Expanding Contraceptive Access to Youth in Latin America

ampliandoelacceso_0.jpgAdvocacy efforts through Ampliando El Acceso (“Expanding Access”) are beginning to yield results through a new partnership in Latin America that pairs Advance Family Planning’s advocacy approach with the experience of member associations from the International Planned Parenthood Federation/Western Hemisphere region. Ampliando El Acceso, an independently-funded one-year project, seeks to expand access to contraceptive information and services for youth in Colombia, the Dominican Republic, and Mexico.

The United Nations Department of Economic and Social Affairs predicts that by 2020, the adolescent fertility rate in the Latin America and Caribbean region will be the highest in the world[i]. Currently, one in three women is a mother before her 20th birthday and 20 percent of all adolescent pregnancies occur among girls younger than 15[ii].

Colombia, the Dominican Republic, and Mexico have recently taken critical steps forward to improving youth-friendly contraceptive services in partnership with local advocates.

Including Youth-friendly Services in Rionegro’s Development Plan

In May 2016, the Secretary of Health in the municipality of Rionegro, Colombia formally adopted recommendations to implement youth-friendly services in its Development and Health Plan (2016-2020). Inclusion of adolescents in the plan is crucial—programs will not be implemented if they are not laid out in the municipal development plan. The recommendations are a result of collaboration between a multi-sectoral technical commission, the Secretary of Health, and local Ampliando El Acceso advocacy partner PROFAMILIA COLOMBIA.

Next, PROFAMILIA will monitor the development plan to ensure that the health sector implements the recommendations. They will then monitor the municipal budget to ensure that the program has adequate resources for implementation.

Piloting Social Monitoring of Youth-friendly Services in Mexico

In June 2016, the Ministry of Health’s National Center of Gender Equality and Reproductive Health (NCGERH) endorsed using a social monitoring model to improve youth access to contraception in Mexico. Developed by Ampliando El Acceso advocacy partner MEXFAM MEXICO, the model evaluates the extent to which adolescents have access to a range of contraceptives and youth-friendly care in public health centers. It is currently being piloted in the states of Oaxaca, Hidalgo, and San Luis Potosi.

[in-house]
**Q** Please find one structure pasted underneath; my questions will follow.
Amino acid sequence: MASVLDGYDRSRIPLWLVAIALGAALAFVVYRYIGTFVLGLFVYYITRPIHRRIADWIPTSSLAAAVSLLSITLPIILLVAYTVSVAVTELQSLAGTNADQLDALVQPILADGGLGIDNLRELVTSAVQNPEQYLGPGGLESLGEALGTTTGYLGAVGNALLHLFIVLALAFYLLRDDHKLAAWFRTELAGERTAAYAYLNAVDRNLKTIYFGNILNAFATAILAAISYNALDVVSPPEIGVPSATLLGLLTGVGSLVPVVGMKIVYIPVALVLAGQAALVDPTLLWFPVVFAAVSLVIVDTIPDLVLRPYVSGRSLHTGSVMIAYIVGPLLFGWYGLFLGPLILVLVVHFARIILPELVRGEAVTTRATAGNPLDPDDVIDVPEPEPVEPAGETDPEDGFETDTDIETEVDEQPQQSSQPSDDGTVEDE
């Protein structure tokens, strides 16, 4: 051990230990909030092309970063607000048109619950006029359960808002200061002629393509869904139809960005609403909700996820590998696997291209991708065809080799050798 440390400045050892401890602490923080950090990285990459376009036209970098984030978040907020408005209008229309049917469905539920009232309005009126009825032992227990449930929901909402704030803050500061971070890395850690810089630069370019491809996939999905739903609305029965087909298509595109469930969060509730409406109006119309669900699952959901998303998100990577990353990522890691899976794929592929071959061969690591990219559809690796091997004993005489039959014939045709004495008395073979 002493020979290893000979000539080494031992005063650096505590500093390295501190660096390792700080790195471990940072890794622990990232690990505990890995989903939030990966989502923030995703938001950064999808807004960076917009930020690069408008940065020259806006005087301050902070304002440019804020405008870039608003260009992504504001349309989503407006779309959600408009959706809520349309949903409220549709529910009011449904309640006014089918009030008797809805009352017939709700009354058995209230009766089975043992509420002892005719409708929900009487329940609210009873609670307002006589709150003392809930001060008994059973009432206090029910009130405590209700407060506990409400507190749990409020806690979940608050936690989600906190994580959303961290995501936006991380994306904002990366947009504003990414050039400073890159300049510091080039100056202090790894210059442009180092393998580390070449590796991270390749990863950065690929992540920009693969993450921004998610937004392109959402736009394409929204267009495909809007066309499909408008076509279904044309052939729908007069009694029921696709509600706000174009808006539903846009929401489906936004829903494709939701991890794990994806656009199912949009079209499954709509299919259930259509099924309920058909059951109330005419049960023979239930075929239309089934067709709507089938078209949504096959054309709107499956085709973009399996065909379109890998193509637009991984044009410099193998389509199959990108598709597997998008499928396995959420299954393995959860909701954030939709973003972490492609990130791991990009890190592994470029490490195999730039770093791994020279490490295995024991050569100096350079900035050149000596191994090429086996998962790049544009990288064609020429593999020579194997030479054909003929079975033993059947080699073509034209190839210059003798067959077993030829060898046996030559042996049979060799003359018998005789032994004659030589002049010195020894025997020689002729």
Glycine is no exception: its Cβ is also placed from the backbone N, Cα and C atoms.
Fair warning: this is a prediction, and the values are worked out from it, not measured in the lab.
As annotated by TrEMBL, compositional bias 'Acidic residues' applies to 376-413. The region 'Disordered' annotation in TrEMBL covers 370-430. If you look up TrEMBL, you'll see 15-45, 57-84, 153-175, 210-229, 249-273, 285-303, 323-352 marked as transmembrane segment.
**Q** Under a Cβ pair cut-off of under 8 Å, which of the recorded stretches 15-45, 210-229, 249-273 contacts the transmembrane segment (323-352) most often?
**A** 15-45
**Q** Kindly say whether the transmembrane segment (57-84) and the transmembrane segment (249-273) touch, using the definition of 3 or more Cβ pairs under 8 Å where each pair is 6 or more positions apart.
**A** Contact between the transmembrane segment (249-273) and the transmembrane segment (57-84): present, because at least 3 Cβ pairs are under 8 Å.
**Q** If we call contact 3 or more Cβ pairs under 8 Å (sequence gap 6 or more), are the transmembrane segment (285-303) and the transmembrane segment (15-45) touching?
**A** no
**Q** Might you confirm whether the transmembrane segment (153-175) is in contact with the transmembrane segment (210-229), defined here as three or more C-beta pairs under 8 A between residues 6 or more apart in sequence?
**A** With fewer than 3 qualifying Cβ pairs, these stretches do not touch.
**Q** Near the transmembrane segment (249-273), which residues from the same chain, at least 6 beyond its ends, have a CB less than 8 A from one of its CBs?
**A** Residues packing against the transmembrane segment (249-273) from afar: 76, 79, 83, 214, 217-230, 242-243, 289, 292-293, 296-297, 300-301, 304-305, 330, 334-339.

Once the pilot programs in the three states are completed, MEXFAM will present their findings to the NCGERH and state health authorities, along with recommendations on how to improve youth access to contraception. If formally approved after the pilot, MEXFAM’s social monitoring program would be adopted by the Ministry of Health on a national scale. The program would assess the quality of adolescent reproductive health services and certify whether or not these services are youth-friendly. 

Developing a Protocol for Youth-friendly Services in the Dominican Republic

In September 2016, the Minister of Health of the Dominican Republic (DR) presented a new national protocol for youth-friendly family planning services to the National Health Service, the media and civil society. The protocol will ensure health care providers in all public and private health facilities in the country deliver quality and confidential sexual and reproductive health care for young people. It will also ensure that there is an adequate budget for training of staff in the new protocol, and will measure the quality of services provided. The implementation of the protocol will likely begin in early 2017; currently, the protocol is awaiting official signoff by the Minister.

Ampliando el Acceso partner PROFAMILIA-DR and other civil society organizations collaborated with the Ministry and Social Cabinet of the DR to create the protocol. Once the protocol is in place, PROFAMILIA-DR will conduct follow-up social audits to ensure the protocol is being fully implemented.


[i] Rodríguez, J. (2013). “High adolescent fertility in the context of declining fertility in Latin America”. Expert Paper, No. 2013/14. CELADE-Population Division of ECLAC. New York: United Nations.

[ii] Vivencias y relatos sobre el embarazo en adolescentes. Plan International and UNICEF, August 2014.        

Date:
Thursday, November 17, 2016 - 09:00
Category:
News